Recovering Muriel Spark

Muriel Spark, dead eight years, is enjoying a bit of a revival. Several of her novels are back in print, hip websites praise her, and a smattering of nice reviews has greeted The Informed Air, a collection of journalistic ephemera. (My verdict: Read the essay on cats first, then sample at will.) As welcome as this coverage is, you could read lots of it without learning that Spark, the Scottish novelist whose most famous work is The Prime of Miss Jean Brodie (1961) and whose masterpiece is The Girls of Slender Means (1963), belongs as surely to the canon of great modern Christian novelists as do Buechner, O’Connor, or Waugh.

Spark tended toward dark comedy, with occasional detours into pure horror. Her novels typically feature young women who stumble into plots involving murder or blackmail (the dramatic forms of death and guilt, those Christian preoccupations), from which they cleverly extricate themselves while narrating the action in unsparing and hilarious aphorisms. (A minor character in 1988’s A Far Cry from Kensington is thus dismissed: “[S]he seemed to live in parenthesis.”) Spark’s tart voice and sordid plots may help account for her absence from the “Faith and the Modern Novel” symposia – although, again, many of those readers can’t get enough of the just-as-cruel, half-as-funny Flannery O’Connor.

Critics who have taken Spark’s faith seriously have fixated on Spark’s “godlike” relationship to her characters, as revealed in her treatment of time and fate: her little jumps backwards and forwards in sequence, her sudden, destabilizing asides (from 1990’s Symposium: “She is dying, now, as they speak”), her tendency to offer a posthumous summing-up where most authors put character introductions. In a famous passage from Miss Jean Brodie, a child named Mary Macgregor makes a trivial classroom mistake; Spark offhandedly lets us know that Mary will lead a dim, unimpressive life before dying in a fire. (Edward P. Jones’s stories and novels have used this device brilliantly, to wholly different effect.) In The Driver’s Seat, she offers us a protagonist who predicts – and precipitates – her own murder. (Martin Amis in London Fields has used this device, at three times Spark’s length, to no effect whatsoever.) Constantly she juxtaposes the finished shape of a life against the little actions, seemingly free, that make it up.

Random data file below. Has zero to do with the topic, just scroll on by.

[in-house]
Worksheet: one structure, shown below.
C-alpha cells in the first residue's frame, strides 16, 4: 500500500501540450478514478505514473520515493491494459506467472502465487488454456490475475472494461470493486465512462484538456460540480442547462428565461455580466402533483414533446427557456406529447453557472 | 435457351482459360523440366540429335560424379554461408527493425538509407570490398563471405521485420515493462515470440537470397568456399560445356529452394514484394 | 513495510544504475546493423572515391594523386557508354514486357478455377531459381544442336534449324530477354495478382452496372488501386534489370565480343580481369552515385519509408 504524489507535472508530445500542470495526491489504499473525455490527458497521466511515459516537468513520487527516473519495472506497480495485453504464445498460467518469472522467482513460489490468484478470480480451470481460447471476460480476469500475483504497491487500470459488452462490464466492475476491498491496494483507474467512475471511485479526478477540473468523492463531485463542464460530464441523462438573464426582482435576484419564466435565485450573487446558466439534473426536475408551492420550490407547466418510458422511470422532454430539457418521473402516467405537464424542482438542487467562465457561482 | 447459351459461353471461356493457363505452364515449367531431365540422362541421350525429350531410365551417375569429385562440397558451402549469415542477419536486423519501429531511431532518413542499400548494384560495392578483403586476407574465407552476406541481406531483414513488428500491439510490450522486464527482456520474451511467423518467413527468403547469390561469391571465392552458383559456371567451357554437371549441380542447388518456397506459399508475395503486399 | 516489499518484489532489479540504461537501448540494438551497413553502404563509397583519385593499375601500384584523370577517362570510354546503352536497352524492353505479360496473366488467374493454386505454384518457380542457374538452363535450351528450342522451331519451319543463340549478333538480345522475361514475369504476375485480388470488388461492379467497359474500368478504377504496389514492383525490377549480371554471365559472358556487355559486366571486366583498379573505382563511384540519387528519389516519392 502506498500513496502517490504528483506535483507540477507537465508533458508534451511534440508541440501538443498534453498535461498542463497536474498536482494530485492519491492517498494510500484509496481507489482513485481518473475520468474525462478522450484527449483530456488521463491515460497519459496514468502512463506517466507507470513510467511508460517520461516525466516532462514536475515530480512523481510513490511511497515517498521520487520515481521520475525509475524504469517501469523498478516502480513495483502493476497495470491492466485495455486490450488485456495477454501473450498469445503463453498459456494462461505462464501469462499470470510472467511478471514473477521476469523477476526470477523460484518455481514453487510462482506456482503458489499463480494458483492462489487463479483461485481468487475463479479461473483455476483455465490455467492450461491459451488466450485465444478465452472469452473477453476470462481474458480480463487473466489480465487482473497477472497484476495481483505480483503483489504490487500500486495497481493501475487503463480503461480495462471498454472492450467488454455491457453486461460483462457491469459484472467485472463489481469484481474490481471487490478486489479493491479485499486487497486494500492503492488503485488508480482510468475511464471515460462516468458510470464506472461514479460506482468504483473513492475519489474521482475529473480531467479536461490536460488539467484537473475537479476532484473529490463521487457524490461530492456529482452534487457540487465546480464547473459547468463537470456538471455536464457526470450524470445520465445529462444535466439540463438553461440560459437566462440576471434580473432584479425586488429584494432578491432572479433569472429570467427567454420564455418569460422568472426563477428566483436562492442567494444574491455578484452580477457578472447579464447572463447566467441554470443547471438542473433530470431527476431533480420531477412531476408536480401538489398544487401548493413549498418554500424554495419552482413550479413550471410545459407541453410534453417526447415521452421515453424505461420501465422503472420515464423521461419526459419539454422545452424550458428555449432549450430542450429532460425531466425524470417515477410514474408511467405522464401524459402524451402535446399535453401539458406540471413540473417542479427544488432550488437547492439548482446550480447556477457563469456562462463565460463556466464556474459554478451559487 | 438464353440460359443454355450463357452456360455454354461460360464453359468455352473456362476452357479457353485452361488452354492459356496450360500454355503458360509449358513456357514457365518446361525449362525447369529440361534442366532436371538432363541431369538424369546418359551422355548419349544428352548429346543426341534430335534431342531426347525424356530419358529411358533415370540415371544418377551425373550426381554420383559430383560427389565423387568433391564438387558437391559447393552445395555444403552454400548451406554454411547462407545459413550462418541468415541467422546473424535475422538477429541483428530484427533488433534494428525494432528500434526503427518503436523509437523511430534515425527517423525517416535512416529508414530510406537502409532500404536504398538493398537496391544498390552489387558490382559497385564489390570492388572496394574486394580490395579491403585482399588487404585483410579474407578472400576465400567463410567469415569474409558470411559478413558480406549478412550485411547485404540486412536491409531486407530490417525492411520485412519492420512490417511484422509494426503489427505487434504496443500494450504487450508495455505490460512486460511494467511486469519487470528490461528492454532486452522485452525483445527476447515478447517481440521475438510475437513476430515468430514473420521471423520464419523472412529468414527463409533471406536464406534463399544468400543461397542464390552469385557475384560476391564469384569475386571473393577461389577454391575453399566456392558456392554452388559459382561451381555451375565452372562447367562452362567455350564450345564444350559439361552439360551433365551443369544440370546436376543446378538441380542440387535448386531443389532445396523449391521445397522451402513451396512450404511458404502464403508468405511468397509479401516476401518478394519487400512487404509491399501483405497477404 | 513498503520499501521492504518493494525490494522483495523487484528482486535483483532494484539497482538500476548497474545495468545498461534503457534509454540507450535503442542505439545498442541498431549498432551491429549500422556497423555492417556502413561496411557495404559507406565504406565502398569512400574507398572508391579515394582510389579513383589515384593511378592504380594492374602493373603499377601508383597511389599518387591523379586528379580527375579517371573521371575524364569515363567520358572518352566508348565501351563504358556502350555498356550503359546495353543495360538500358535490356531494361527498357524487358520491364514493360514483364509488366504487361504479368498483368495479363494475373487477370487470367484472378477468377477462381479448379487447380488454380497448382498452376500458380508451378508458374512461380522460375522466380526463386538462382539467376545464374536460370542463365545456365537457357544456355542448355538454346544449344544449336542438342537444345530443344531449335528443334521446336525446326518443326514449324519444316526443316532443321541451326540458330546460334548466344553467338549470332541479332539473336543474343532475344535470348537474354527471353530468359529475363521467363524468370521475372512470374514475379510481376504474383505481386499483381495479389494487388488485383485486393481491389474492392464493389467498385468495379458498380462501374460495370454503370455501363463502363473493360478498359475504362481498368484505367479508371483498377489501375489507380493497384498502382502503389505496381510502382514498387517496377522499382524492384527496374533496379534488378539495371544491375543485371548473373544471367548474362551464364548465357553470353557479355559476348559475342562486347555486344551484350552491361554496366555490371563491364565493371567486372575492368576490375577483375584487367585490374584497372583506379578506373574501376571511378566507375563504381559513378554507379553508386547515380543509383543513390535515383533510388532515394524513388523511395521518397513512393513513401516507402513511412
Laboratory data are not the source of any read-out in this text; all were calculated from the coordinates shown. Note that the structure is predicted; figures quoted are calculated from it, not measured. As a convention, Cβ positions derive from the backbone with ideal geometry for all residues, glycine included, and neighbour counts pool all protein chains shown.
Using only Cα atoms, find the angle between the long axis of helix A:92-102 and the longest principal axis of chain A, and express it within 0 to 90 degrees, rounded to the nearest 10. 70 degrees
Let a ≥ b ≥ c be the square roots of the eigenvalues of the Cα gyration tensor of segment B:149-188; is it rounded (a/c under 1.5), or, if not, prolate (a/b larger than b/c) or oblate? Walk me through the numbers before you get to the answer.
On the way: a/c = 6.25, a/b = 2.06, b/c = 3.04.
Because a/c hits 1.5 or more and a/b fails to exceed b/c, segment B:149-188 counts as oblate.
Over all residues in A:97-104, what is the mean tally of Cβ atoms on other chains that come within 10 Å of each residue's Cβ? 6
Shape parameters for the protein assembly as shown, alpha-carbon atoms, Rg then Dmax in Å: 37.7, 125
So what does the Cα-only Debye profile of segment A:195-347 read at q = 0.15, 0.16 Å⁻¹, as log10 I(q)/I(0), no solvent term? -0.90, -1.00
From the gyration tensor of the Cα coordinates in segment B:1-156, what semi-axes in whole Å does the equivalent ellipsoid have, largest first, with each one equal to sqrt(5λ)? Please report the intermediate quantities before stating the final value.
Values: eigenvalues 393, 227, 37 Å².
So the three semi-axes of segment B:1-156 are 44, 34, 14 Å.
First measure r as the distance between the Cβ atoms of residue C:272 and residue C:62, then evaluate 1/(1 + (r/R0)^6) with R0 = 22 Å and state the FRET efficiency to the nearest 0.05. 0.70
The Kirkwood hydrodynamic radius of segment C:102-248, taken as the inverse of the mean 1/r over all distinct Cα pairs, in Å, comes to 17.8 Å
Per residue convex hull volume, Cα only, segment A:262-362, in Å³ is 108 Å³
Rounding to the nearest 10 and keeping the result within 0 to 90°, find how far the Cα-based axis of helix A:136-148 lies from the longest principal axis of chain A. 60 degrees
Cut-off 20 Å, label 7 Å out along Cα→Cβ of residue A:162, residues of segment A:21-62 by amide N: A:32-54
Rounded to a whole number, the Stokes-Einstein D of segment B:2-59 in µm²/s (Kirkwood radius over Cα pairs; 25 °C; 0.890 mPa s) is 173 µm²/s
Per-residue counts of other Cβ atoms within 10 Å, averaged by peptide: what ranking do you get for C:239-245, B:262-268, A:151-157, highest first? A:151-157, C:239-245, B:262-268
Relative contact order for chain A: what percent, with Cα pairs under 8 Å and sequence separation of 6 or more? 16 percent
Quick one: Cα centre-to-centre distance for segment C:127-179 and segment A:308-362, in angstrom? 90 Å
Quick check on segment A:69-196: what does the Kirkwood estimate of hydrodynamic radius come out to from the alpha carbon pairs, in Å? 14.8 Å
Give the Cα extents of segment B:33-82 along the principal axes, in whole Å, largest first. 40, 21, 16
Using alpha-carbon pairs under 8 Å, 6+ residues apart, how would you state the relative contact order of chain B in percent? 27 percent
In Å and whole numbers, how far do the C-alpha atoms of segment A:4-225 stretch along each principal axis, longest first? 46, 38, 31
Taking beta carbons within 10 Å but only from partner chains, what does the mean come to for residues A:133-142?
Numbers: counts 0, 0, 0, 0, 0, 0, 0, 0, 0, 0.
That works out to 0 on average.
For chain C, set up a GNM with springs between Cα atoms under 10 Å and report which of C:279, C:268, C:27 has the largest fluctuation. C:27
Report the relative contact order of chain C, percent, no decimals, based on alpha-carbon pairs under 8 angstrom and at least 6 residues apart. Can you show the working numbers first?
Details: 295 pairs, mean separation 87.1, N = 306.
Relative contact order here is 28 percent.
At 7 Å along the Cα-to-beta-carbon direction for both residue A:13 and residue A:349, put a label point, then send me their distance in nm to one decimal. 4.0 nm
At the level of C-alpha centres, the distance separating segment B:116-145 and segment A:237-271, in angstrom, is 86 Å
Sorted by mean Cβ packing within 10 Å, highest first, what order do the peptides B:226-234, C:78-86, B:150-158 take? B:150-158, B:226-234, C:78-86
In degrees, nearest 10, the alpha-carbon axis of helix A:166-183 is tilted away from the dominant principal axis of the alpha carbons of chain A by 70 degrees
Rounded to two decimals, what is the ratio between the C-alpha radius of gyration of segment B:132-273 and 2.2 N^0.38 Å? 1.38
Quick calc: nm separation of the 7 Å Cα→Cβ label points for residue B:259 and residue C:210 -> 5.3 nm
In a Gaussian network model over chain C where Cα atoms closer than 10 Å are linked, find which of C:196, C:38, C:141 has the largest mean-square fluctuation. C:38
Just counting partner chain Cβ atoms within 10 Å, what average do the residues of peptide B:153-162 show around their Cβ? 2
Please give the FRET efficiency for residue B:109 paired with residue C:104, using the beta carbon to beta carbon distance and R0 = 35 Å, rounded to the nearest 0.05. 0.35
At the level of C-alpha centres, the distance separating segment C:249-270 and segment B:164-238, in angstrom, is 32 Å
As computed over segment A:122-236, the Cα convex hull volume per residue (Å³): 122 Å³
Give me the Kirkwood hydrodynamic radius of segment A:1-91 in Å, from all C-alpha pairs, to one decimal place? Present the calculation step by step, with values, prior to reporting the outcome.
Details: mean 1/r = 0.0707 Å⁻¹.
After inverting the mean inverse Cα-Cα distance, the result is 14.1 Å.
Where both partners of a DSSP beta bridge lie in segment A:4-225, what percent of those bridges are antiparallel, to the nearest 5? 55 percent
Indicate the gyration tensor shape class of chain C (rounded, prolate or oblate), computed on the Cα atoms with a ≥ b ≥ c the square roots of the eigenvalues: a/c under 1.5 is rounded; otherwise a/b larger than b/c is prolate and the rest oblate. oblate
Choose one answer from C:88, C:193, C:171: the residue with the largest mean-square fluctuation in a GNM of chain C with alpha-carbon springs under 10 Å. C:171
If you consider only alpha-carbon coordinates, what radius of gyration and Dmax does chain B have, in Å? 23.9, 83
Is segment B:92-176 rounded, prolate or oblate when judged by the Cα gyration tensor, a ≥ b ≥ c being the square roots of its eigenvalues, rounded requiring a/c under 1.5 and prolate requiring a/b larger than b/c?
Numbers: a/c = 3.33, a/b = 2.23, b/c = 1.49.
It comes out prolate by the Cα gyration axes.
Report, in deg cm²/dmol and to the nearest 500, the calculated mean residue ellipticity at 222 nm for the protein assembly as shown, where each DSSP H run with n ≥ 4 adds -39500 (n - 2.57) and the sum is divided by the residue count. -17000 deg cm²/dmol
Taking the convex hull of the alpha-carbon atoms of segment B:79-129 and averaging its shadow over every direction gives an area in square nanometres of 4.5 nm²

Observing all this, James Wood has written that Spark “not only exercises . . . omniscient authorial control, but also has a somewhat austere and limited sense of individual freedom. The Catholic convert from Edinburgh, who has lived many years in relaxed Italy, turns out to wear a Scottish Calvinist corset after all.” With his usual flair for imagery, Wood burnishes a commonplace in Spark criticism: the supposed contrast between the sunny Catholic God she worshipped and the micromanaging Presbyterian God she emulated. Aside from the fact that I have never found Catholicism particularly sunny – all due respect, but I’m the one who gets to have nonprocreative sex – this author-equals-God formulation ignores a significant party to the transaction: authors, ideally, have readers. Spark’s sublime first novel, The Comforters (1957), illustrates the implications of this by giving us a hero who is simultaneously author, character, and reader: a novelist who comes to realize she is a character in a novel. Far from entrapping her in a predestinarian web, this knowledge brings her to more vivid life; the other characters, like Hamlet’s friends and family, become her straight men. We know Spark suffered similar delusions in the mid-50s (thanks to the era’s amphetamine-laced OTC diet pills: after all, have you ever met a fat speedfreak?). But it’s bracing to learn from The Informed Air that, during this period, Spark was also obsessed with Cardinal Newman’s childhood fantasy that the cosmos included only himself and God. When we read Spark at her best, we become like Caroline, or Newman, aware that the story we read, like the story we live, is only part-real.

“Fiction to me is a kind of parable,” she once said. “You have got to make up your mind it’s not true. Some kind of truth emerges from it.” Notice how she shifts subject from me to you, author to reader; Spark’s parables resemble Christ’s in exactly the quality that also makes her work eerie, fresh and contemporary, a lighter-footed forerunner of postmodern metafiction: they acknowledge their own artifice, and point beyond it to the self-examining reader beyond. Spark’s best novels live in their own aftermath – which they render as fruitfully uncomfortable as the books themselves are deeply pleasurable.


  • Phil Christman writes and teaches in Ann Arbor, Mich. He is the editor of the Michigan Review of Prisoner Creative Writing.

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